Fifteen years earlier, as a journalist, she'd reported on how books were becoming "portable pastors" to help explain the rise of popularity of the spirituality category in publishing--and, by unfortunate converse, the drop in annual church attendance. Her own series, The Divine Hours, made the fixed-hour prayer of the church accessible and popular to hundreds of thousands of people within a few years' time, providing evidence to the theory. So did her work as popular historian and sometimes evangelist of the Emerging church.
On this occasion in Atlanta, Phyllis explained that the days of scriptural authority as the guiding principle for churches were behind us. The faith is more complicated than ever before. Martin Luther's sola scriptura resulted in 40,000 denominations and the "every man and his Bible" principle, dear to evangelicals, simply no longer holds. The future is looking for new foundations. To some, this was unsettling, to others, it was deeply upsetting.
So enraged was one middle aged man that as Phyllis left the stage to a standing ovation, he jumped from his front row seat. In itself, this wasn't unusual; many in the room had seen Phyllis speak before and she was always engaged with audience members after a talk. She had "fans" and no one was better at Q&A. Also, she was the author of many books and many people carried them to her talks to get them signed.
This night was different. As people were standing and cheering, and Christian rock music began throbbing through large speakers for transition, few actually heard the exchange between Phyllis and the unidentified man.
"Shame on you for denying the authority of scripture!" he yelled at her. He pointed a finger in her face and it looked for a moment as if he might pick her up and throw her to one side. He was also intentionally blocking her exit.
Phyllis responded with a conciliatory Southern cool, "Oh, no sir. If you didn't hear me support the authority of the Bible in all of this, I'm afraid I miscommunicated."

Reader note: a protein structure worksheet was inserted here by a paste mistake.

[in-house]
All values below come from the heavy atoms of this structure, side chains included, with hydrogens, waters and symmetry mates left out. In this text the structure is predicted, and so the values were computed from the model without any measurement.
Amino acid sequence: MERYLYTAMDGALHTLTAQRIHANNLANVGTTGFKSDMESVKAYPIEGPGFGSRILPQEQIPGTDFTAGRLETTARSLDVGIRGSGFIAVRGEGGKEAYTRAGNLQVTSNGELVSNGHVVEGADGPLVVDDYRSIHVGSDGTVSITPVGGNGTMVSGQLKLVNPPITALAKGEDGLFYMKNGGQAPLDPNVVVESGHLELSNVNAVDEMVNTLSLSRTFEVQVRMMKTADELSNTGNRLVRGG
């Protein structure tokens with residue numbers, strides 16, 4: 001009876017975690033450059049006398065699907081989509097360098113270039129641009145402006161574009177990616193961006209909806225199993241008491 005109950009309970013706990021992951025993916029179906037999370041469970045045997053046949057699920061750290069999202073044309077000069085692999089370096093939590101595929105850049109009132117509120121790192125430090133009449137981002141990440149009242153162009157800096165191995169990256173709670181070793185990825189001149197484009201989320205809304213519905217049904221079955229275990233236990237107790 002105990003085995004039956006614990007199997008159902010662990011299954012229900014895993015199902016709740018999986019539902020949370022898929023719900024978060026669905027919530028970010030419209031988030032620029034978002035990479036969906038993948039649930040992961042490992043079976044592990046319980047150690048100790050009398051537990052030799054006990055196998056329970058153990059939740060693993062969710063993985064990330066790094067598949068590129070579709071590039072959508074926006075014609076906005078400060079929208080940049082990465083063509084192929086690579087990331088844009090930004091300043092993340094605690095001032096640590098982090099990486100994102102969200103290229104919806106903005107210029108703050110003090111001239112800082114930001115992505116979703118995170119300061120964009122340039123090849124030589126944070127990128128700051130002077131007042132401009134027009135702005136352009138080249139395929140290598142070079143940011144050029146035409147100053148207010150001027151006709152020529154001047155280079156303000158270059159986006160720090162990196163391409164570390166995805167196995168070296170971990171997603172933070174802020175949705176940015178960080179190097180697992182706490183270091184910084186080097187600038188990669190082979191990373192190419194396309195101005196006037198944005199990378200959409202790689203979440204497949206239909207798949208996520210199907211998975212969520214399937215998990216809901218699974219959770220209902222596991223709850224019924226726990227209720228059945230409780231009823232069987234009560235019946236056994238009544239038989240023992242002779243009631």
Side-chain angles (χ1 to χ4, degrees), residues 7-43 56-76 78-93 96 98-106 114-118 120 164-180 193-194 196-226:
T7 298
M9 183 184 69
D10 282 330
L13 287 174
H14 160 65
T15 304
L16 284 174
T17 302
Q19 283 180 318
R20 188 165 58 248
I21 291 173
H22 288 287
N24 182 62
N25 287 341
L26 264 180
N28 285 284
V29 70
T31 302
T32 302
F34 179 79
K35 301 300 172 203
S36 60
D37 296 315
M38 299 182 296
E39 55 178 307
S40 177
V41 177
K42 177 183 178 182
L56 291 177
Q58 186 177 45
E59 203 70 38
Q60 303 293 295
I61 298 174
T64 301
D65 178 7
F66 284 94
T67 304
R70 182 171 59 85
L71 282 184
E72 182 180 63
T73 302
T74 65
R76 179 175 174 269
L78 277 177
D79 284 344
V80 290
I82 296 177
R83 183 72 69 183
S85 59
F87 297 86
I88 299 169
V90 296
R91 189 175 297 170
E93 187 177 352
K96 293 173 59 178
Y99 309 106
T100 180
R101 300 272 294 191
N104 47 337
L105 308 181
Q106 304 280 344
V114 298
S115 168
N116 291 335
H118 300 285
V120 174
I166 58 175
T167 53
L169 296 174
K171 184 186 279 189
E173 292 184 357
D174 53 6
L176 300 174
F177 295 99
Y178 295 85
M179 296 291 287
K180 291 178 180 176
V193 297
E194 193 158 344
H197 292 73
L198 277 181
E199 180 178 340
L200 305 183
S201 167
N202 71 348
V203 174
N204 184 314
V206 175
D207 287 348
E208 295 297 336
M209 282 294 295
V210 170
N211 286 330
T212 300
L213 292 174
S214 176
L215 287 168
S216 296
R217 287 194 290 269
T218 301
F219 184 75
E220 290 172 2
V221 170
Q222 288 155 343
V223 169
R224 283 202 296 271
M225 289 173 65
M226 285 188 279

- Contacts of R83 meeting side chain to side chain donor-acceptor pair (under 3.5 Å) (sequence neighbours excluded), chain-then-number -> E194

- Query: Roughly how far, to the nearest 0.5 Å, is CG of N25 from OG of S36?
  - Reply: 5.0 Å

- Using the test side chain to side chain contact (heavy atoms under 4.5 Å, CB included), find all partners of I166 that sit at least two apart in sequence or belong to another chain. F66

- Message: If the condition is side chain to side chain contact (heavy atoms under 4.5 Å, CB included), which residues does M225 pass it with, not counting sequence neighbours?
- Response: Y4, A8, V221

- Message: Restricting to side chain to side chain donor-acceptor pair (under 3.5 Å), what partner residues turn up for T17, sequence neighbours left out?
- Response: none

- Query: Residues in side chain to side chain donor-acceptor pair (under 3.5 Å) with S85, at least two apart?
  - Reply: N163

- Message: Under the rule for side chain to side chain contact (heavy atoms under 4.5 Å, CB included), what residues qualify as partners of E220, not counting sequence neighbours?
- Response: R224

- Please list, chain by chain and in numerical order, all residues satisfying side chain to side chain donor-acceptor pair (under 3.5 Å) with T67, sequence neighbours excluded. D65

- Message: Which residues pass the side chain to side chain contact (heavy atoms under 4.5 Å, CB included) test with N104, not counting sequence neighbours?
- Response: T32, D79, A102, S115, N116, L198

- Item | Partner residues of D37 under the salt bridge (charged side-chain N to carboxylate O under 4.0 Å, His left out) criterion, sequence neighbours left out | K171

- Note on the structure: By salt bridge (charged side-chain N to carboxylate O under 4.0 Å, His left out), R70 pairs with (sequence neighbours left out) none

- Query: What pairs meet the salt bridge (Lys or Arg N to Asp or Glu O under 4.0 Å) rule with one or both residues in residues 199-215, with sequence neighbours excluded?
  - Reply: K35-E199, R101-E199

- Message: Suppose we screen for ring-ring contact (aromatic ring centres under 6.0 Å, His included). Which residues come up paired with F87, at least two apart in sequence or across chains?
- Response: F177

But he grabbed her arm, and shouted again.
She had two designated "handlers" that day. It was their job to ensure people didn't impede her too much in making it from event to another, and to get her back to the airport for her flight out of Hartsfield International. They both jumped to their feet. One of them pulled the man away from Phyllis, while the other body-shielded her down the aisle toward a rapid exit. Later, one of them wrote on his blog, "I told the guy, 'Didn't your mom ever teach you anything?!'"
Phyllis had struck a nerve that day. This would happen often, but never again quite so physically. Millions of Christians were unprepared to hear that Christendom was falling, or had fallen, and were trying still to speak with their old authority and hegemony from the rubble. With wisdom, wit, humor, and humility she encouraged Christians of all denominational backgrounds to understand the past and face the future.
Phyllis died on Tuesday, September 22, at 81. Diagnosed with stage four lung cancer several months earlier, she had entered hospice in early September. A memorial service took place a month later, but there was really no need for a funeral, since she and her husband, Sam, who had died at the beginning of that year, donated their bodies to medical research. Wasn't that so like her, that there was nothing left to inter?

-Jon M. Sweeney compiled Phyllis Tickle: Essential Spiritual Writings (Orbis), and is currently writing Phyllis Tickle, her biography, to be published in 2017.